Breed-specific legislation, which would have banned certain breeds and was a real possibility in Chicago, has been pushed back, thanks to the tireless efforts of well-known radio personality and pet writer Steve Dale and a coalition of companion animal experts and public officials. Here's what will happen instead:
The Task Force on Companion Animals and Public Safety, a coalition of experts representing various organizations, is now authorized under the auspices of the License and Consumer Protection Committee, Dale says.
A model for pre-empting breed-specific legislation has been created, which can be used by other cities.
People whose dogs have not been spayed or neutered--and thus are more likely to roam and to become a public nuisance or danger--must pay higher license fees. That's a good way to encourage spaying and neutering to reduce the production of unwanted puppies.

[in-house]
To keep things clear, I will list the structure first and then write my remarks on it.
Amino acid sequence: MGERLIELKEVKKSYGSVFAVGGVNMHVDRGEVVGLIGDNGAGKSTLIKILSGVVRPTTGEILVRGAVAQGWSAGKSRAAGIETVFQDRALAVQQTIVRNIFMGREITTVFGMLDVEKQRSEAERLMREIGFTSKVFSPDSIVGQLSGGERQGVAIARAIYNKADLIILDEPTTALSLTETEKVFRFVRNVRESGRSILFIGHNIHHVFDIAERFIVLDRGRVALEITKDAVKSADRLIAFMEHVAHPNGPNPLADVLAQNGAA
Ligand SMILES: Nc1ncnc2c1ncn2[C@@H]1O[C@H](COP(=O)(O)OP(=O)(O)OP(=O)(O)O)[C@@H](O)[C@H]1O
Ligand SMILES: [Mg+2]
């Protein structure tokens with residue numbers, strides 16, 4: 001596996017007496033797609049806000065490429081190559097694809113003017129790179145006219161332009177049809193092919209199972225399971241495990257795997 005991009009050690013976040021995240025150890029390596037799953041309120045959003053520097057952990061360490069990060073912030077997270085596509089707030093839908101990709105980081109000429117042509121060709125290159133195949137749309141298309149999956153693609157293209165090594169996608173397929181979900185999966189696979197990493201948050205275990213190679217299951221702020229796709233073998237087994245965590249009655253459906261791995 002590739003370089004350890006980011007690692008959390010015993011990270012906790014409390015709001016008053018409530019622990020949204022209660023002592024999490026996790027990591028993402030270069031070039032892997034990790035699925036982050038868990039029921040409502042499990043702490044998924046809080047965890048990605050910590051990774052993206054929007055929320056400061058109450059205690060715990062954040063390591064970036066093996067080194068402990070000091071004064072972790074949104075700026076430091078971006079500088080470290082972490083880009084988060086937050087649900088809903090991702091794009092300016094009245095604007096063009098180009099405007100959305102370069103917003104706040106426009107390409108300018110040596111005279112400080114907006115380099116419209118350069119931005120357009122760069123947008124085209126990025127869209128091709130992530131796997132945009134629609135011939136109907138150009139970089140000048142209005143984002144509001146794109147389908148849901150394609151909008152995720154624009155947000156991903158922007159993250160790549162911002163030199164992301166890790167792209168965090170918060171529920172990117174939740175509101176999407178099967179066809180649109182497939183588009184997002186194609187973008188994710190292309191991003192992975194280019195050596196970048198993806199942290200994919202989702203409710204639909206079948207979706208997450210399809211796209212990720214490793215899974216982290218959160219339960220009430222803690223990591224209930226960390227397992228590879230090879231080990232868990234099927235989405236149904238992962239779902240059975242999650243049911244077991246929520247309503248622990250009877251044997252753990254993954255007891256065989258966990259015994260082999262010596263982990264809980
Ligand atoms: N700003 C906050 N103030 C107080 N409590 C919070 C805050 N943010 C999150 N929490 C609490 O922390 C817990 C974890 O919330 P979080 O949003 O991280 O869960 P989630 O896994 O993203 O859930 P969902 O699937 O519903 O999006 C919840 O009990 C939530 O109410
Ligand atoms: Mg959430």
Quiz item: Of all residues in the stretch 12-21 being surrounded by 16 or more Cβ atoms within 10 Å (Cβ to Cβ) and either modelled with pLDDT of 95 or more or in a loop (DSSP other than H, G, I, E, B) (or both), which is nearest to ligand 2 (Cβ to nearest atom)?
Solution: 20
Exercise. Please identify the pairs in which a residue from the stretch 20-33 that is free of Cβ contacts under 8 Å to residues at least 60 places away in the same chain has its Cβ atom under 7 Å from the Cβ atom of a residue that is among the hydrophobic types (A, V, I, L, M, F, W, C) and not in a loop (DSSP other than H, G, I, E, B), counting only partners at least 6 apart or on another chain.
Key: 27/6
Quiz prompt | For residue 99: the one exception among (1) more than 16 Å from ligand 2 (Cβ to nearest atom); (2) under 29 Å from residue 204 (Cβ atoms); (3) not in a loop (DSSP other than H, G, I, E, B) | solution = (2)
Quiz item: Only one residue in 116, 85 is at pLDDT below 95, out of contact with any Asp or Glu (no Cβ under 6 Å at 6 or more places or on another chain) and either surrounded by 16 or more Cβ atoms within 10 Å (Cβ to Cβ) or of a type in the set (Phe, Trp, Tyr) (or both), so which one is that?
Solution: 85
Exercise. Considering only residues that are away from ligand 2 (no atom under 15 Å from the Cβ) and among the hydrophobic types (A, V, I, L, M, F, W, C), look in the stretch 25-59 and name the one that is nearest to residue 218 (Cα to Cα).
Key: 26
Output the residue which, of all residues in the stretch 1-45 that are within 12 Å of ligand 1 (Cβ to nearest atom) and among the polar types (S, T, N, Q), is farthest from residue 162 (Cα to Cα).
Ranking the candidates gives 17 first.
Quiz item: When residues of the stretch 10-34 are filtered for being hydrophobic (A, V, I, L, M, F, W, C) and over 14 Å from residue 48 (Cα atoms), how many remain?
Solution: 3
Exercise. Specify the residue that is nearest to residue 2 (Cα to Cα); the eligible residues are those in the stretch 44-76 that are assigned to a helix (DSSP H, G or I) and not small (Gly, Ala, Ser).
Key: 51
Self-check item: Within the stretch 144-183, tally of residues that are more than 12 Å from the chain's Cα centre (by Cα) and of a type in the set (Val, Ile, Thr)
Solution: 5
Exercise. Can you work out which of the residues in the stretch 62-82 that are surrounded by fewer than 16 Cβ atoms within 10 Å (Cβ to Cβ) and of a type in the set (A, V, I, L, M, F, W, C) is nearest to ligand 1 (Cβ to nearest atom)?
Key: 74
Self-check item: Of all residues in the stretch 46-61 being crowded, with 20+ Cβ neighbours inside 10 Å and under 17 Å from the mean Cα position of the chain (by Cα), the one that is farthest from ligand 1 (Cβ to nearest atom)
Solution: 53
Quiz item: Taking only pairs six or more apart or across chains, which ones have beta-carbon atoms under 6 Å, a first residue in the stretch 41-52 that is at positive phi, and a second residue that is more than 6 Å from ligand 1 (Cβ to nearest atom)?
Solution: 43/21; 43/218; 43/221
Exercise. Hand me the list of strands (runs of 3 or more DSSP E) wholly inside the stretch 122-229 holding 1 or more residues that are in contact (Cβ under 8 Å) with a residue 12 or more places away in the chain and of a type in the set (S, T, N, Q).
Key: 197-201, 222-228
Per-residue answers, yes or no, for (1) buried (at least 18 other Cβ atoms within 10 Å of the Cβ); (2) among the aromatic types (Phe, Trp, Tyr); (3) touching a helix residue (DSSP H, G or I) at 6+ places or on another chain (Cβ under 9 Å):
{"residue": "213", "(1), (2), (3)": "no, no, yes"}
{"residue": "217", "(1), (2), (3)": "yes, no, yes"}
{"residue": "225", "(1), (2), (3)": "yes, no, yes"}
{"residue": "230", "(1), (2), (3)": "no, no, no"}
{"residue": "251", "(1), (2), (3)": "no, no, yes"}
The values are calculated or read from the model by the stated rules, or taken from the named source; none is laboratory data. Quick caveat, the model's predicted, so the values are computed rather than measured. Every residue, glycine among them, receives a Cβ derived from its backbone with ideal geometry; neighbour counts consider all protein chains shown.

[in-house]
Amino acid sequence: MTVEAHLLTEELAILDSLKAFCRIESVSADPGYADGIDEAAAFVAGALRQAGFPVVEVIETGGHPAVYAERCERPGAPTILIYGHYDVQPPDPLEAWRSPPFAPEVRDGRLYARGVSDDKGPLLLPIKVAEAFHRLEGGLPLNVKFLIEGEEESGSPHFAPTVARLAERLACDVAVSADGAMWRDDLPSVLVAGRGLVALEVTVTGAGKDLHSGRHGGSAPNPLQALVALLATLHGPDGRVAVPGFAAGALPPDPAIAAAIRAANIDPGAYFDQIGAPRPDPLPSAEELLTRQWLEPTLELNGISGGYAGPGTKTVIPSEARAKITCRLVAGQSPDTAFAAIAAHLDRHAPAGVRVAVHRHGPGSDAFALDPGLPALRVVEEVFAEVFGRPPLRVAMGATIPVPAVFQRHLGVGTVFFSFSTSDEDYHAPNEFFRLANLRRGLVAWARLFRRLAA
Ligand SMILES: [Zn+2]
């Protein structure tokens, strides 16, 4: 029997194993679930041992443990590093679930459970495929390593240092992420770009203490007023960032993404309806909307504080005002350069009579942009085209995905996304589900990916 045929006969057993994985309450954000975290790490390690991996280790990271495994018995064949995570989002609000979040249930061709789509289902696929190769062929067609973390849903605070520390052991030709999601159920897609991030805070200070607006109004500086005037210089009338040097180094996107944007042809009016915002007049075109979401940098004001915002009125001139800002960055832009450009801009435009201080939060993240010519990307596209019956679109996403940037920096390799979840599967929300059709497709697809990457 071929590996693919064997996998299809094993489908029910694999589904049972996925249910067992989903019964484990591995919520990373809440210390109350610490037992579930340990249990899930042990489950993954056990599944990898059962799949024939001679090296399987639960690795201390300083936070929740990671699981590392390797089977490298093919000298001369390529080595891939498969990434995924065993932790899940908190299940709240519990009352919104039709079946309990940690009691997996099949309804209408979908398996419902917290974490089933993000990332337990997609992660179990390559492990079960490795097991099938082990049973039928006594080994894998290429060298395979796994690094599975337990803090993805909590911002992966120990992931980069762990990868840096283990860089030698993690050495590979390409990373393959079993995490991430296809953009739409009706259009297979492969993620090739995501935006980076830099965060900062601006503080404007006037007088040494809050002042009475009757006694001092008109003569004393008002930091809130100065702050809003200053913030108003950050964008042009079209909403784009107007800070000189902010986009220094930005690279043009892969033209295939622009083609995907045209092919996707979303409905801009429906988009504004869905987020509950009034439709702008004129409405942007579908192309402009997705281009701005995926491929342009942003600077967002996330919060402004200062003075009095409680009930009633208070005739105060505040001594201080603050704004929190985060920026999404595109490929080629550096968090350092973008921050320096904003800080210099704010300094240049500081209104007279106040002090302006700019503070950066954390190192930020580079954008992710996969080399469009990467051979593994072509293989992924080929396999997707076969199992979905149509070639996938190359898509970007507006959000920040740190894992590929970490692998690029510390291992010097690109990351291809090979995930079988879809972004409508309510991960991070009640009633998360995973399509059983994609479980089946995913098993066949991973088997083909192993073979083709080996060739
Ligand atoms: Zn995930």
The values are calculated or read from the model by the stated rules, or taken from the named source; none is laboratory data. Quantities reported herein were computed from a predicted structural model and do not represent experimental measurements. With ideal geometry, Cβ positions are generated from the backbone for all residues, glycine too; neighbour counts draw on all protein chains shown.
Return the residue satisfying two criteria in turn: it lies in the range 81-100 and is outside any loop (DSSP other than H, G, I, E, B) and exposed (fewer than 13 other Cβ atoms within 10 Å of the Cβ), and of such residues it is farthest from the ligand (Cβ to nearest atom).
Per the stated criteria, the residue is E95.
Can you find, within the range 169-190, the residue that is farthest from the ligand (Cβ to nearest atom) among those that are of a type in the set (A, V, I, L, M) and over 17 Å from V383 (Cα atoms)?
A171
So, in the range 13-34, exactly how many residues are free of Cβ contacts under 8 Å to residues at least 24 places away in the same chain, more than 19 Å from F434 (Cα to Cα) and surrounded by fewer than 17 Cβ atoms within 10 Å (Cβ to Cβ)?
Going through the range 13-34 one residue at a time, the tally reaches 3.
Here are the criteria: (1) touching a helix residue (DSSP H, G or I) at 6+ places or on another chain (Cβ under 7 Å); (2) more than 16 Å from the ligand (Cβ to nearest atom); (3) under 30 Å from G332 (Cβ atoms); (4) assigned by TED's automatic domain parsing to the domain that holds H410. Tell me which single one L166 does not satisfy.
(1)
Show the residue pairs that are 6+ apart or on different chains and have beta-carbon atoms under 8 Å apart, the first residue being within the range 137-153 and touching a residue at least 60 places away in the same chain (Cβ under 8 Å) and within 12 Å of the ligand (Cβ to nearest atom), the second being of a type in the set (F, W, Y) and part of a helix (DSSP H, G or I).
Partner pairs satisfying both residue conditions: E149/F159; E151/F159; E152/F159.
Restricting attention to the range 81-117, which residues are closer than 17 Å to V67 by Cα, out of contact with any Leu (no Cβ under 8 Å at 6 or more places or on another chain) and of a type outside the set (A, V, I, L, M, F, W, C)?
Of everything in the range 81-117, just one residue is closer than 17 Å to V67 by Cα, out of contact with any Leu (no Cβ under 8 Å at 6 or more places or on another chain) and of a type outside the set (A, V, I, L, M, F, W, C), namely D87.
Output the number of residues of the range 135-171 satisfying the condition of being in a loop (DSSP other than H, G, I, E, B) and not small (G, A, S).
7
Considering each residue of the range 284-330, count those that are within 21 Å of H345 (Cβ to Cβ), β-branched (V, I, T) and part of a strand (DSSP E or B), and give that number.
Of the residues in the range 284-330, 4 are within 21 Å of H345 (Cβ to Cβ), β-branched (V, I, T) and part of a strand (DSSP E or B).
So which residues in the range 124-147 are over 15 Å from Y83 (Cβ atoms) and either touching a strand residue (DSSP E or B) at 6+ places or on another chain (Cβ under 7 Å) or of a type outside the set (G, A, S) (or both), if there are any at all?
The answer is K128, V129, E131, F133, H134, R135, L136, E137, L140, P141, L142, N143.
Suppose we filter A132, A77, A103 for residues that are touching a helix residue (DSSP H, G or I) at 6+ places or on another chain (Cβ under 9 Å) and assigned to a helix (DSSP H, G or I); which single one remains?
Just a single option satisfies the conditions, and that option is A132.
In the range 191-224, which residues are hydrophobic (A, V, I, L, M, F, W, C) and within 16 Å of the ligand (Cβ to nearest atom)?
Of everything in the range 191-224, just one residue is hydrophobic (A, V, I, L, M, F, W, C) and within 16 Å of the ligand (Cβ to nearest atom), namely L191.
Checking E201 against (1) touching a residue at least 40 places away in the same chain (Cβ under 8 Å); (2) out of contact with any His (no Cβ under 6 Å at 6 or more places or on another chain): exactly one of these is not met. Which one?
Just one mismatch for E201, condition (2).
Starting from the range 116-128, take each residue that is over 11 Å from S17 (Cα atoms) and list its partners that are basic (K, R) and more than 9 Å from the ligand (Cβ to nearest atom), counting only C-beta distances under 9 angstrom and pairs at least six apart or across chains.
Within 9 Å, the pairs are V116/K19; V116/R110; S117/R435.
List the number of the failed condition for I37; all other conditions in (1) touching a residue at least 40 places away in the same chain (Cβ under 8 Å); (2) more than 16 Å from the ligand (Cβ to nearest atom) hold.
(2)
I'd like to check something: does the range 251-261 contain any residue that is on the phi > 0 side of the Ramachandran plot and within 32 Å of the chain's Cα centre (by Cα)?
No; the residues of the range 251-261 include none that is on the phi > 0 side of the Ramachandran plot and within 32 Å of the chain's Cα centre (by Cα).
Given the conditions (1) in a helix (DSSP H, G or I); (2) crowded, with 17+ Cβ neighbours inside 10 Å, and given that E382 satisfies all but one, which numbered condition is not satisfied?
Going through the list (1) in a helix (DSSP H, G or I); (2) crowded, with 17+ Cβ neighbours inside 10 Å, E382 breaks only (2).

All dogs boarded in kennels or doggie day care or that are used by guard dog services must be microchipped. (I'd like to see this go further, with all breeders required to microchip puppies before they go to their new homes, so that breeders can be traced if dogs become lost or are turned in to shelters or rescue groups.)
People whose dogs are chronic wanderers face increased fees.
It's a good start. All dog owners owe thanks to Steve for his efforts, as well as to the many experts who provided support, including Patricia McConnell, Ian Dunbar, Gary Landsberg, Bonnie Beaver, AVMA president Roger Mahr and AVMA Animal Welfare vice president Gail Golab. Good job!
My friend Deb Eldredge, a veterinarian in New York, says: "Go Steve!!! Even if Chicago can't field a decent baseball team, they are smart about dogs!"